MESKO-35 9 x 18m/m Makarov

I have in my collection a 9 x 18mm Makarov cartridge headstamped “9x18 Mak MESKO-35.” the information I have received is that this round, as well as 7.62 x 39 cartridges with the numbers “34” and “35” replacing the date at the 6 O’Clock position on their headstamps, were made for the Brandeburg Police during that period following the dissolution of the German Democratic Republic and the completion of rearming to Western firearms and calibers.

However, I have not been able to find out precisely the significance of the number “35” on the headstamp of the Makarov (or the “34” or “35” on the headstamps of the Kalashnikoff rounds, for that matter).

Does anyone know the meaning of these numbers. I was told on the AK rounds that they were lot numbers representing the trial lot and the accepted lot, but that doesn’t explain why they are on the headstamp instead of a date, or why numbers in the 30s were used instead of lots “1” and “2.” I really need a postive, documented answer, not conjecture, as this is for my Makarov book.


I can only confirm that I’ve been told that the “35” represents a lot number on the 7.62x39mm. This information comes from a German collector with an impressive 7.62x39mm collection.

I’ve also been told that the “35” represents a 35,000 round lot. I discount this information…


I doubt that it is a lot number. Firstly, in 7.62 x 39 it is found only as “34” and “35” and it replaces the date. Where are the other 33 lot numbers?
Now, not impossible that they picked two numbers at random for the two lots, but what about the Makarov? Odd that it should also say 35, and again, on an undated cartridge. Why put a lot number and no date?

I have both the 34 and 35 in 7.62 x 39 by the way, kept only because they were made for what was left of the weapons of the former DDR in Germany, and I collect DDR cartridges. These are probably post-DDR, but it is an associated item. I have over 100 DDR 7.62 x 39.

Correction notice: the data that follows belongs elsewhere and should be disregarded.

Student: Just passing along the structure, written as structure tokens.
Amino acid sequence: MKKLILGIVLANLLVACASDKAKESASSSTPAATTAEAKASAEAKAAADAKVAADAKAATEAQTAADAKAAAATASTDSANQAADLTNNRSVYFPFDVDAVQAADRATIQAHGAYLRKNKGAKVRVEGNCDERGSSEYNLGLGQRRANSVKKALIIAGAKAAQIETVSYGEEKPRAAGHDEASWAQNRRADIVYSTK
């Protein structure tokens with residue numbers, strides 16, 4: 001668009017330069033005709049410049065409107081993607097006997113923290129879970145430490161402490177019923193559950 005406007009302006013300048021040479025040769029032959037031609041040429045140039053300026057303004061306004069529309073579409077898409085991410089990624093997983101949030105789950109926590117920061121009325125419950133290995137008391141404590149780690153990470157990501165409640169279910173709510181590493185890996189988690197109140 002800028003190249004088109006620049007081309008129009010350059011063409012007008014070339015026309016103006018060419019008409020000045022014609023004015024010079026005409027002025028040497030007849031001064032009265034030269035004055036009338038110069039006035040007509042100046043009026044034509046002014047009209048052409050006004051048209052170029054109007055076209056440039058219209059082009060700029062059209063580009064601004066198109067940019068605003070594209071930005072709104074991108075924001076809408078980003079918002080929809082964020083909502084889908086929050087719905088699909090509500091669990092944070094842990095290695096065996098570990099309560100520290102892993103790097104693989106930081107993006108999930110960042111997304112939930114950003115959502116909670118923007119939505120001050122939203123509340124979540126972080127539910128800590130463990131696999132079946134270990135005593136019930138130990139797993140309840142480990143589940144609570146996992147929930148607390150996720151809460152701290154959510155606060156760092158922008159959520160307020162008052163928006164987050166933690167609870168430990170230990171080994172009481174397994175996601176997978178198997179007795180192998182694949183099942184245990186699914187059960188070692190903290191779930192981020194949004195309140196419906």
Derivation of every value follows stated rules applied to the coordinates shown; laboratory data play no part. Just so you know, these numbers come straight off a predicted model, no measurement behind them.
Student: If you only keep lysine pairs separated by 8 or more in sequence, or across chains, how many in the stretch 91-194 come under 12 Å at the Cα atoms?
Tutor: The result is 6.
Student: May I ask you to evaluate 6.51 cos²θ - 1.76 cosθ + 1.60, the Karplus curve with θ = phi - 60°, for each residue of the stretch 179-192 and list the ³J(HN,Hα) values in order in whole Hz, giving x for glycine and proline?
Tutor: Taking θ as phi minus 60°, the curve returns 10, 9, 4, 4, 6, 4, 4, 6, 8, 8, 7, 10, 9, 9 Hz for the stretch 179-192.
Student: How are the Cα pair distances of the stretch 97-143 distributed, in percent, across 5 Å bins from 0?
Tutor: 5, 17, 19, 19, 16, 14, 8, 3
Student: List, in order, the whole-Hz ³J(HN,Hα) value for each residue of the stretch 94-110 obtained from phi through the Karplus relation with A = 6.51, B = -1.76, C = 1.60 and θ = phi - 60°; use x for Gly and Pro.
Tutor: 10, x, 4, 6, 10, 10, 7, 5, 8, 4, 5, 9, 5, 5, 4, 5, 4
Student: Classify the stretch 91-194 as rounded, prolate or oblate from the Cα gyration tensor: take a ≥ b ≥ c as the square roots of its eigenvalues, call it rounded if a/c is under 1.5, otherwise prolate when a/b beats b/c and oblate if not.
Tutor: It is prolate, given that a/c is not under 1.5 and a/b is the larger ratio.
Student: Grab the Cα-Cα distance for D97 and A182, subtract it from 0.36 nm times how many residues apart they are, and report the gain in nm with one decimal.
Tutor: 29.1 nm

Lots of you guys didn’t know I had any of that stuff, did you? Well, the shame is, I have the east German metallic rounds in good assortment, over 300 total, but I don’t know diddily about them. It was a collection of opportunity - that is, I had the opportunity to build a DDR collection without too huge an outlay of cash, because I was given a good starter collection right before the Berlin Wall came down.

I was hoping someone had some inside info on this MESKO oddity. It was supposedly made for the Brandenburg Police, and that much I believe. The shift to Western weapons was not overnight. I have a couple of Makarovs from the Landespolitzei Sachsen-Anstalt, and so marked, with the caliber marked on the slide. Caliber and police markings were done after the wall came down, with the caliber there because they were slowly integrating in 9mm Parabellum pistols and didn’t want a caliber mixup.

I have received a picture of a box label for the 7.62 x 39 made by MESKO in Poland for the Brandenburg Police, and with headstamp “7.62 x 39 35” and the box shows the lot number as “35.” Evidently, the number I questioned is a lot number.

It is odd they would put a lot number as high as “35” on a box, when there is only one other known lot number in that caliber, 34, and no other known lot number in the 9 x 18m/m Makarov cartridge, and in addition, put the lot number on the headstamp but with no year on either the headstamp or the box. Very odd, but it is hard to dispute the box label.

While the new information came in a personal email to me, I thought it wise to print the information here for the sake of closing out this thread, unless anyone has any better information.

I am still suspicious that although called a lot number on the box label, that this may refer to a contract or delivery agreement number. For now, though, I concede we must call it a lot number.

John, to add to the 7.62x39mm “35” rounds, they are lead core, not steel cored M-43 types. My German friend tells me that this is because these rounds were for the Police and that steel cored rounds would be considered armor piercing and not appropriate for police use.


AKMS - evidently, one of the reasons the ammo was made in Poland for the German Police in Brandenburg is that one of the requirements was that the ammo meet CIP Standards, and only Poland had such ammunition available in the calibers required. That may also explain the lead core, tied in with the non-military use of it.